It’s a 10 minute, less than ½ mile, flat walk through a relatively cute village to a relatively cute church. Go right behind the church, turn right almost immediately and come to another church, go right behind that and start going up. Directions so far were perfect. Well marked as the walking trail to Sacre San Michele. It’s a mule trail, paved with large boulders/rocks, mostly shaded, birds signing. That’s the good news. It was the steepest, most grueling hike I’ve ever done. It’s a 600 meter (1800 feet) ascent. Fitbit said it was 153 flights (to the bottom of the basilica) – the Empire State Building is 102 flights! Plus there is another 20 flights up to and in the church itself. Perhaps on a less hot/humid day it wouldn’t have been so bad, but it was truly awful. It took me 2 hours. I met a guy coming down, and from the point where we met he said it was another hour and it was, so he must have been going the same speed. Another guy passed me early on and then almost at the top he was coming back down so he obviously was going faster. They were both about my age. A few other, younger people looked pretty beat too.

Fortunately there are two fountains mid way up the trail where you could cool down. Other than that (and the 14 stations of the cross) and one or two benches it’s just trail. Coming down was much easier cardiovascularly speaking but probably more dangerous. The rocks are slippery, and there’s also tree/leaf debris so it would have been pretty easy to twist an ankle or slip and fall and break something. I had to sidestep a lot. There was a narrow path in the dirt to the side of the ‘paved’ part so obviously other people had trouble with the boulders as well.

Once you get up there, there’s a bar selling sandwiches and drinks where I got an ice tea that took less than 30 seconds to drink. The abbey itself is of course beautiful, very Romanesque and built right into the rock. Nice church plus lots of terraces and ruins and other bits. Great view of the valley and the towns below (though a bit hazy, would probably be better on a clearer day – it was sunny but the air was very thick). At least now I have bragging rights. But no, I would not do it again if I knew then what I know now.
Here's the guidebook description of it:
“The abbey is a religious complex on Mount Pirchiriano, situated on the south side of the Val di Susa overlooking the villages of Avigliana and Sant Ambrogio in the foothills of the Alps. It may have begun as early as 966 but most of it was built in the 11-12th century. It is located atop a rocky crag base and towers above the valley. The church façade leads to a staircase, the Scalone del Morti ("Stairway of the Dead"), flanked by arches, niches and tombs in which, until recent times, skeletons of dead monks where visible (hence the name). At the top of the 243 steps is the marble Porta dello Zodiaco, a masterwork of 12th century sculpture. The church itself is accessed by a Romanesque portal in grey and green stone, built in the early 11th century. The church has a nave and two aisles, and features elements of both Gothic and Romanesque architecture and really is very beautiful. There are some wonderful frescoes as well. There are some ruins of other buildings, the Torre della Bell'Alda ("Tower of the Beautiful Alda"), and a terrace with breathtaking views of the village and valley below” (especially if you know you WALKED up there).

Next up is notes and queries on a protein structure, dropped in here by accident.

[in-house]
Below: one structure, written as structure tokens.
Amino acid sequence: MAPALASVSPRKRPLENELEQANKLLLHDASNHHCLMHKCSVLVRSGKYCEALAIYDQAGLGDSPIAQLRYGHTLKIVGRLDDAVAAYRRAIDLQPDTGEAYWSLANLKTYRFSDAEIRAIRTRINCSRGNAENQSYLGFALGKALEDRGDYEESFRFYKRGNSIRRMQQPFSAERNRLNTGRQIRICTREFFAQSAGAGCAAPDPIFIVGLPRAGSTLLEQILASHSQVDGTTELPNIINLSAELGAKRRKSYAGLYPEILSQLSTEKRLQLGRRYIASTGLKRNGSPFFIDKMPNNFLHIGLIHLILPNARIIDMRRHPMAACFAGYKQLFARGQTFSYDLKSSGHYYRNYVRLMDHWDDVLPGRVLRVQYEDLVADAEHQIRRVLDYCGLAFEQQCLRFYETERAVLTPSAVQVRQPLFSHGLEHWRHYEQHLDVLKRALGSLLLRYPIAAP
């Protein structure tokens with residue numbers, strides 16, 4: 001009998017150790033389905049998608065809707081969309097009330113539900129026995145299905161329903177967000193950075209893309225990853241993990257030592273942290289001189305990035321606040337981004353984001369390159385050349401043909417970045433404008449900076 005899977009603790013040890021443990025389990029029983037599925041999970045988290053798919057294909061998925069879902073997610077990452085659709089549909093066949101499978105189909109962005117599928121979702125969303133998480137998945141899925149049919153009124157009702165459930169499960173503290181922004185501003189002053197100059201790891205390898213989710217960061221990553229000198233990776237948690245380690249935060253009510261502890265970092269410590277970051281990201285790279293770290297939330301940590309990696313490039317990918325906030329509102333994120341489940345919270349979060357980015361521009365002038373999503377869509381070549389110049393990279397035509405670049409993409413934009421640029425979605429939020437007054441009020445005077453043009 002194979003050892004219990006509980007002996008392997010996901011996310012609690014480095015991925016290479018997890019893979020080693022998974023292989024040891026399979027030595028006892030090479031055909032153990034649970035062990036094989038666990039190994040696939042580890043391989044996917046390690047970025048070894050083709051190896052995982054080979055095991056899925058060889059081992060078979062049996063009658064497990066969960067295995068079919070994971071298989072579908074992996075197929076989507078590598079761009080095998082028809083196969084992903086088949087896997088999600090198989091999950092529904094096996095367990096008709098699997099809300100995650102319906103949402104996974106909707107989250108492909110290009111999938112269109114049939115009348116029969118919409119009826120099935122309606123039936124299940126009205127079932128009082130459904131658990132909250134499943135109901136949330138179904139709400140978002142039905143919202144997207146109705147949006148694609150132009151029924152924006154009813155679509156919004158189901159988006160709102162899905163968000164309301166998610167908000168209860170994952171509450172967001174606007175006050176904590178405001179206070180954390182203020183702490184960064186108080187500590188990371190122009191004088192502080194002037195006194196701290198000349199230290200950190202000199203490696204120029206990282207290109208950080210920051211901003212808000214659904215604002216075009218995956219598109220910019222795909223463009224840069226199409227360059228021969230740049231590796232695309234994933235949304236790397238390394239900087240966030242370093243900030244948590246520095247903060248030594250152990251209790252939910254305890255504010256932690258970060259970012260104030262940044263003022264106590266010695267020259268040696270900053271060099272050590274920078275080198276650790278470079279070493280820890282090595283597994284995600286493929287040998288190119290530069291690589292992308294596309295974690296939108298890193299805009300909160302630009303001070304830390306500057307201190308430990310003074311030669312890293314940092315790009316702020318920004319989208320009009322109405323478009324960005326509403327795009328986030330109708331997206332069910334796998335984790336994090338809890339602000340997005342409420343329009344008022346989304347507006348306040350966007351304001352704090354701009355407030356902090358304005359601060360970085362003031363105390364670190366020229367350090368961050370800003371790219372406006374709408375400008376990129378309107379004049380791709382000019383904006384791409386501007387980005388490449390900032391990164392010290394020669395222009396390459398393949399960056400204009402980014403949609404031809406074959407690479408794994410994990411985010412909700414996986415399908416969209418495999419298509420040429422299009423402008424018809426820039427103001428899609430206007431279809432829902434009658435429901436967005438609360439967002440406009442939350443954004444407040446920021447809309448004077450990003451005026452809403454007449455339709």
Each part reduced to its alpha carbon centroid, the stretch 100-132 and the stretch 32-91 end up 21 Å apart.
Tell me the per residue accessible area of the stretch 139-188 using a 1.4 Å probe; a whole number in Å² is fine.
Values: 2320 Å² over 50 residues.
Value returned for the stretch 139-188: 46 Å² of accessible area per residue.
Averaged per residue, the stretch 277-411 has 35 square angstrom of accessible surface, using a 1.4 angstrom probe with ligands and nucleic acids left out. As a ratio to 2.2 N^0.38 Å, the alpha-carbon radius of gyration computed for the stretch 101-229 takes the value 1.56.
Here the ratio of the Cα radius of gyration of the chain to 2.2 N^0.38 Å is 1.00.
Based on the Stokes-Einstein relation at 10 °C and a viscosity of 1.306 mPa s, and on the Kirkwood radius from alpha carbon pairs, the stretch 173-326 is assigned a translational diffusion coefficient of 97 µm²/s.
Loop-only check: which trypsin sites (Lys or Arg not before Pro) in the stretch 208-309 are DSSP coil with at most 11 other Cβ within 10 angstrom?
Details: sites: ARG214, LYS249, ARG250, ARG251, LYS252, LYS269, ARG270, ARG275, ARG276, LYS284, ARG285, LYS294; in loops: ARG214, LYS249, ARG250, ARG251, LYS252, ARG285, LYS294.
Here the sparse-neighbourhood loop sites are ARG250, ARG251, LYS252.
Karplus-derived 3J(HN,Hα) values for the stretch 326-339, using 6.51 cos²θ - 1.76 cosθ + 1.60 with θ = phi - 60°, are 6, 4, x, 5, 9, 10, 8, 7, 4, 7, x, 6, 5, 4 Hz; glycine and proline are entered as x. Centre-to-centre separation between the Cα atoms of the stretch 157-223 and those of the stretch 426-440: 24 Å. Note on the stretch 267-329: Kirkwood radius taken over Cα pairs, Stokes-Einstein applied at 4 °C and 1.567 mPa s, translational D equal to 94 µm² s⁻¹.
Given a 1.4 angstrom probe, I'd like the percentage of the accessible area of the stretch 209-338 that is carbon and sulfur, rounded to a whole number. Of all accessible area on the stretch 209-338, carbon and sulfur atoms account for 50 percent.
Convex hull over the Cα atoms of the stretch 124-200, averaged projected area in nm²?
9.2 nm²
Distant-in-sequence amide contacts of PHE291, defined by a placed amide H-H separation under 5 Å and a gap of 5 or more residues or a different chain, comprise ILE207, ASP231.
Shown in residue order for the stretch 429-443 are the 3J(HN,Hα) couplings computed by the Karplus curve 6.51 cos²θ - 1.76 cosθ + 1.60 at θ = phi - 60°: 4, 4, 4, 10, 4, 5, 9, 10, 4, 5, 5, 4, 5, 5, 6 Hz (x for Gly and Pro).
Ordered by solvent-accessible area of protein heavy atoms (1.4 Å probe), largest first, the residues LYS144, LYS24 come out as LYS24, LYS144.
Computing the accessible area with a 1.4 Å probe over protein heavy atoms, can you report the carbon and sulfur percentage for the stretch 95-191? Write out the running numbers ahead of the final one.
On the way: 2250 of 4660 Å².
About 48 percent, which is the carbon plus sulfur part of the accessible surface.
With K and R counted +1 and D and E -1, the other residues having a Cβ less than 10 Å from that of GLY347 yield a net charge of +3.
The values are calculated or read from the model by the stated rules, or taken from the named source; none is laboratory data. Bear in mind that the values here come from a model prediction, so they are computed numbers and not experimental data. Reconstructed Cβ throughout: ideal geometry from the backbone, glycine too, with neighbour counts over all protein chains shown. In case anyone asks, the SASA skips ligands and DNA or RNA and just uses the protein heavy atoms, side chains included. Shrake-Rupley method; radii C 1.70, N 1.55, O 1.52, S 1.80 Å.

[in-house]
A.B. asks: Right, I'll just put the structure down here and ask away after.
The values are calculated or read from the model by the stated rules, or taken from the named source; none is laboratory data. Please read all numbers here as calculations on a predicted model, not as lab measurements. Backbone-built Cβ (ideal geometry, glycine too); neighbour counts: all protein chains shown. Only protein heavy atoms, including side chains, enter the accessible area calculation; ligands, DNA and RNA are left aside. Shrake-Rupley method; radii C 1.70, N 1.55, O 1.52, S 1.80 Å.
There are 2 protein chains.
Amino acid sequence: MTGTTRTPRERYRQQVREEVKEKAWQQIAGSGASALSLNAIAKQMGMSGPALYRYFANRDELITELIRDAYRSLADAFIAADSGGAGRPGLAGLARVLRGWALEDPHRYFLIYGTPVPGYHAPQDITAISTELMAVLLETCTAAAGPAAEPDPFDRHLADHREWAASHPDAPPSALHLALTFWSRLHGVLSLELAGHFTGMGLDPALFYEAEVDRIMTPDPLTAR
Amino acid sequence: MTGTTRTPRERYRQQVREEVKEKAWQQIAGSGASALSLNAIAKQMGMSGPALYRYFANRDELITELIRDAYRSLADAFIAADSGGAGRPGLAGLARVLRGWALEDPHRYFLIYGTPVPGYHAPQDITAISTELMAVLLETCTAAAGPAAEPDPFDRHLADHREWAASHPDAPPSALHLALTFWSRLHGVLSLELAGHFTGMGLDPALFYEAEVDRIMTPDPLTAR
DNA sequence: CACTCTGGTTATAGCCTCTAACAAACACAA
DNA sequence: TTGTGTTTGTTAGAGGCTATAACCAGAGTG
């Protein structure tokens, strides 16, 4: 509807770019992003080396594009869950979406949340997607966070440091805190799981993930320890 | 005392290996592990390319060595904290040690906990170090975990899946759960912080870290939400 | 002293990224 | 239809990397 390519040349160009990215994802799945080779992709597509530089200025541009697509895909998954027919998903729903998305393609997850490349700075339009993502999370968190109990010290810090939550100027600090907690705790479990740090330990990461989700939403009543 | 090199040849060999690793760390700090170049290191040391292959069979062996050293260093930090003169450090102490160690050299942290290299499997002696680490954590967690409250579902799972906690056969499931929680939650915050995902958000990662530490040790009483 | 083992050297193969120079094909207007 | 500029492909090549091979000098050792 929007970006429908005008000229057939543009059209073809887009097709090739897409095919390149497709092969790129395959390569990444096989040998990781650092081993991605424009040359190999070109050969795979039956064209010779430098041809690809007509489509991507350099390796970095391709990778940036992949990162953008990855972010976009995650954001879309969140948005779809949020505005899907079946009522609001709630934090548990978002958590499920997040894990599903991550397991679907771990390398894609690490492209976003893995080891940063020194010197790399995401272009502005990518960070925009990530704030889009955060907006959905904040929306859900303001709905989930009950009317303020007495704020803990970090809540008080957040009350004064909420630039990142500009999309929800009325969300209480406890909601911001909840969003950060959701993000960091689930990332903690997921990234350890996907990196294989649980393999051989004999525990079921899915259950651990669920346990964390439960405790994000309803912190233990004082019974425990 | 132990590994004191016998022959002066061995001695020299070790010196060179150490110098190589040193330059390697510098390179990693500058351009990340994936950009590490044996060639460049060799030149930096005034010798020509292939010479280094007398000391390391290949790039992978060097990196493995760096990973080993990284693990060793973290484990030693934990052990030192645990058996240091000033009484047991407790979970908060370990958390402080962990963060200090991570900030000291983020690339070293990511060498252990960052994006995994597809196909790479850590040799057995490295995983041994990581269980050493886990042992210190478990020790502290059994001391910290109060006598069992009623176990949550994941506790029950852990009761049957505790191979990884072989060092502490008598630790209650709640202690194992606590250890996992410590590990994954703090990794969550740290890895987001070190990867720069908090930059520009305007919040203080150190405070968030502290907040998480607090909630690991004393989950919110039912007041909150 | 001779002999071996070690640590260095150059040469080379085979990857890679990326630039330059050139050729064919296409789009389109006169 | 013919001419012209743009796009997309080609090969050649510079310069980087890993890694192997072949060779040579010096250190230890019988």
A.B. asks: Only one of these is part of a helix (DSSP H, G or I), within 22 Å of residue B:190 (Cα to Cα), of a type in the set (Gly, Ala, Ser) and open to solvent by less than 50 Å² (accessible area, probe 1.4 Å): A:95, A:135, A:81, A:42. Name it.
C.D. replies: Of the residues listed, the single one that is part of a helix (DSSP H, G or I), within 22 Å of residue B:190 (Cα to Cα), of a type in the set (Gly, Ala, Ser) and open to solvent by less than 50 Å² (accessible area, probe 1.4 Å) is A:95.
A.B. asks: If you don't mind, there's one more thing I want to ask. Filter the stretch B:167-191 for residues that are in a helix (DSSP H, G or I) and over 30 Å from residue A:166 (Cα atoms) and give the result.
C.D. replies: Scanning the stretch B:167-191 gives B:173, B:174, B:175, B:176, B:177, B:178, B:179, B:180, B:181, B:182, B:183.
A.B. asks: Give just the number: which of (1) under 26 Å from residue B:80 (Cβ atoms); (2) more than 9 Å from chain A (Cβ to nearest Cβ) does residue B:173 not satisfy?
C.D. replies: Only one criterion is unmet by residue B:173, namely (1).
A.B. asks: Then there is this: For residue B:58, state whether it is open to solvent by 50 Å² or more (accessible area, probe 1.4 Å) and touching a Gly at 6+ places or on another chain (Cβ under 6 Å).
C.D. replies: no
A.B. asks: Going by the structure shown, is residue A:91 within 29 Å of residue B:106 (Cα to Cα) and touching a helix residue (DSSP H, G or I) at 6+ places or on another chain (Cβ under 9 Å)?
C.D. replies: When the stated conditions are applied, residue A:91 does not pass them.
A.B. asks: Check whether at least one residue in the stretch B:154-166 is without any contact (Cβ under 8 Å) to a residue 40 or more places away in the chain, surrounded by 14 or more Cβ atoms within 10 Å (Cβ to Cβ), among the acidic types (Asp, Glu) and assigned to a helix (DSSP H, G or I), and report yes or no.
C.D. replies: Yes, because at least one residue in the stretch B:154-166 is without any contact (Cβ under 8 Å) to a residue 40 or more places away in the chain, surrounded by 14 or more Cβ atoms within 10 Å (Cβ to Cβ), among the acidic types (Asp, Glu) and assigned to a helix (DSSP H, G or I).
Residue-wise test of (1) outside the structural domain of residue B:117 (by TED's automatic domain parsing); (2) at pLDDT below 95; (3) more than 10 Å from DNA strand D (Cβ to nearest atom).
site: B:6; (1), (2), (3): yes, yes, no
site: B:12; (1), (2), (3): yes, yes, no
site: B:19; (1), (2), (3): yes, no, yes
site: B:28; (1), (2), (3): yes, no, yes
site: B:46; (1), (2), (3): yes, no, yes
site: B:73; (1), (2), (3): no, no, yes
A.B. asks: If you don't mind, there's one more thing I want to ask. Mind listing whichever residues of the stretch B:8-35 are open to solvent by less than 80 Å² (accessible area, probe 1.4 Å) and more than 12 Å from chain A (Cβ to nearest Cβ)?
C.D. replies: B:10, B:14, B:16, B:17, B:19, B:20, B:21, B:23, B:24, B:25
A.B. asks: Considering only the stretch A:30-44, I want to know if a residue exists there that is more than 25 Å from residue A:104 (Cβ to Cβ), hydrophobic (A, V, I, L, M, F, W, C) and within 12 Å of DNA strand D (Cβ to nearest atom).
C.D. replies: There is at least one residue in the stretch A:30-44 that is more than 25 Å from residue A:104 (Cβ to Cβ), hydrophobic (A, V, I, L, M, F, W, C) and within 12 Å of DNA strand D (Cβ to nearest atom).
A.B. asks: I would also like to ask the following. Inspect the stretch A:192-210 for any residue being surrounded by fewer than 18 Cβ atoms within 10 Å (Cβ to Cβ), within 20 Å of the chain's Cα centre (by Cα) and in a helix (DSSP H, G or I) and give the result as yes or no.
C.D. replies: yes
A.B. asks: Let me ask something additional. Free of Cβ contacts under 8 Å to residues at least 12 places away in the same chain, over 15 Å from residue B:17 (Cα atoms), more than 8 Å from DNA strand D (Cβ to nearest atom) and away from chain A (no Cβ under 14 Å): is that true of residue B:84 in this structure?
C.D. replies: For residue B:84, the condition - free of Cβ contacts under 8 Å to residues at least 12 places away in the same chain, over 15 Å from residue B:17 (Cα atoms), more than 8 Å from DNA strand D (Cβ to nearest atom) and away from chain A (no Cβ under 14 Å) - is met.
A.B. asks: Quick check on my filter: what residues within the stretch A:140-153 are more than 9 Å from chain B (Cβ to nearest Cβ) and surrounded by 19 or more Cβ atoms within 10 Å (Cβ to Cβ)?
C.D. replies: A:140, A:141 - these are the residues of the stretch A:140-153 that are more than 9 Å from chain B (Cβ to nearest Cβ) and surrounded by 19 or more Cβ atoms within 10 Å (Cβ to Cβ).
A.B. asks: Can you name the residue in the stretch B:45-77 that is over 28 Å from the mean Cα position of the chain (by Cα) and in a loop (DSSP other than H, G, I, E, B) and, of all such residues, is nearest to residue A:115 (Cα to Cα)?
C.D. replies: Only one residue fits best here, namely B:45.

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Old Sep 21st, 2015, 12:26 PM
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After Torino I did a ‘side trip’ to Malta for a week – for ease of people looking for info on Malta I posted that as a separate trip report – here’s the link to that and the photos that go with it. http://www.fodors.com/community/euro...ta-in-july.cfm

Returning to Italy, I landed in Bergamo, a town I had visited as a day trip from Milano a few years ago. I loved it and was happy to have the evening there, although I only had a few hours. Early the next morning I took the train to my next destination: three days on Lake Garda.

Sunday, July 12, 2015 – Sunny and hot – 90s – The train to Desenzano (6.70€) was on time, but two other trains were seriously delayed (40 min +). The walk down to the harbor is pleasant in the (relatively) cool morning and it’s downhill, about 15 minutes. Plenty of time to buy the ticket (18.50€) for the boat to Malcesine and look around a bit. The ‘fast’ boats are just barely noticeably faster than the ‘regular’ boats. There is inside and outside seating, they are larger. But not like some hydrofoils I’ve been on (Greece, Naples) that are like being in a bus with dirty windows. The top open deck was all shaded and not easy to move around, but it was outside. It stopped at Sirmione, Garda, Salo, Gardone and Maderno before Malcesine. Malcesine looks more interesting than the others (well except Sirmione). The lower half of the lake really is just a large lake with slight hills around. But a bit before Malcesine the actual mountains start and are very impressive. Definitely ‘fjord’ like.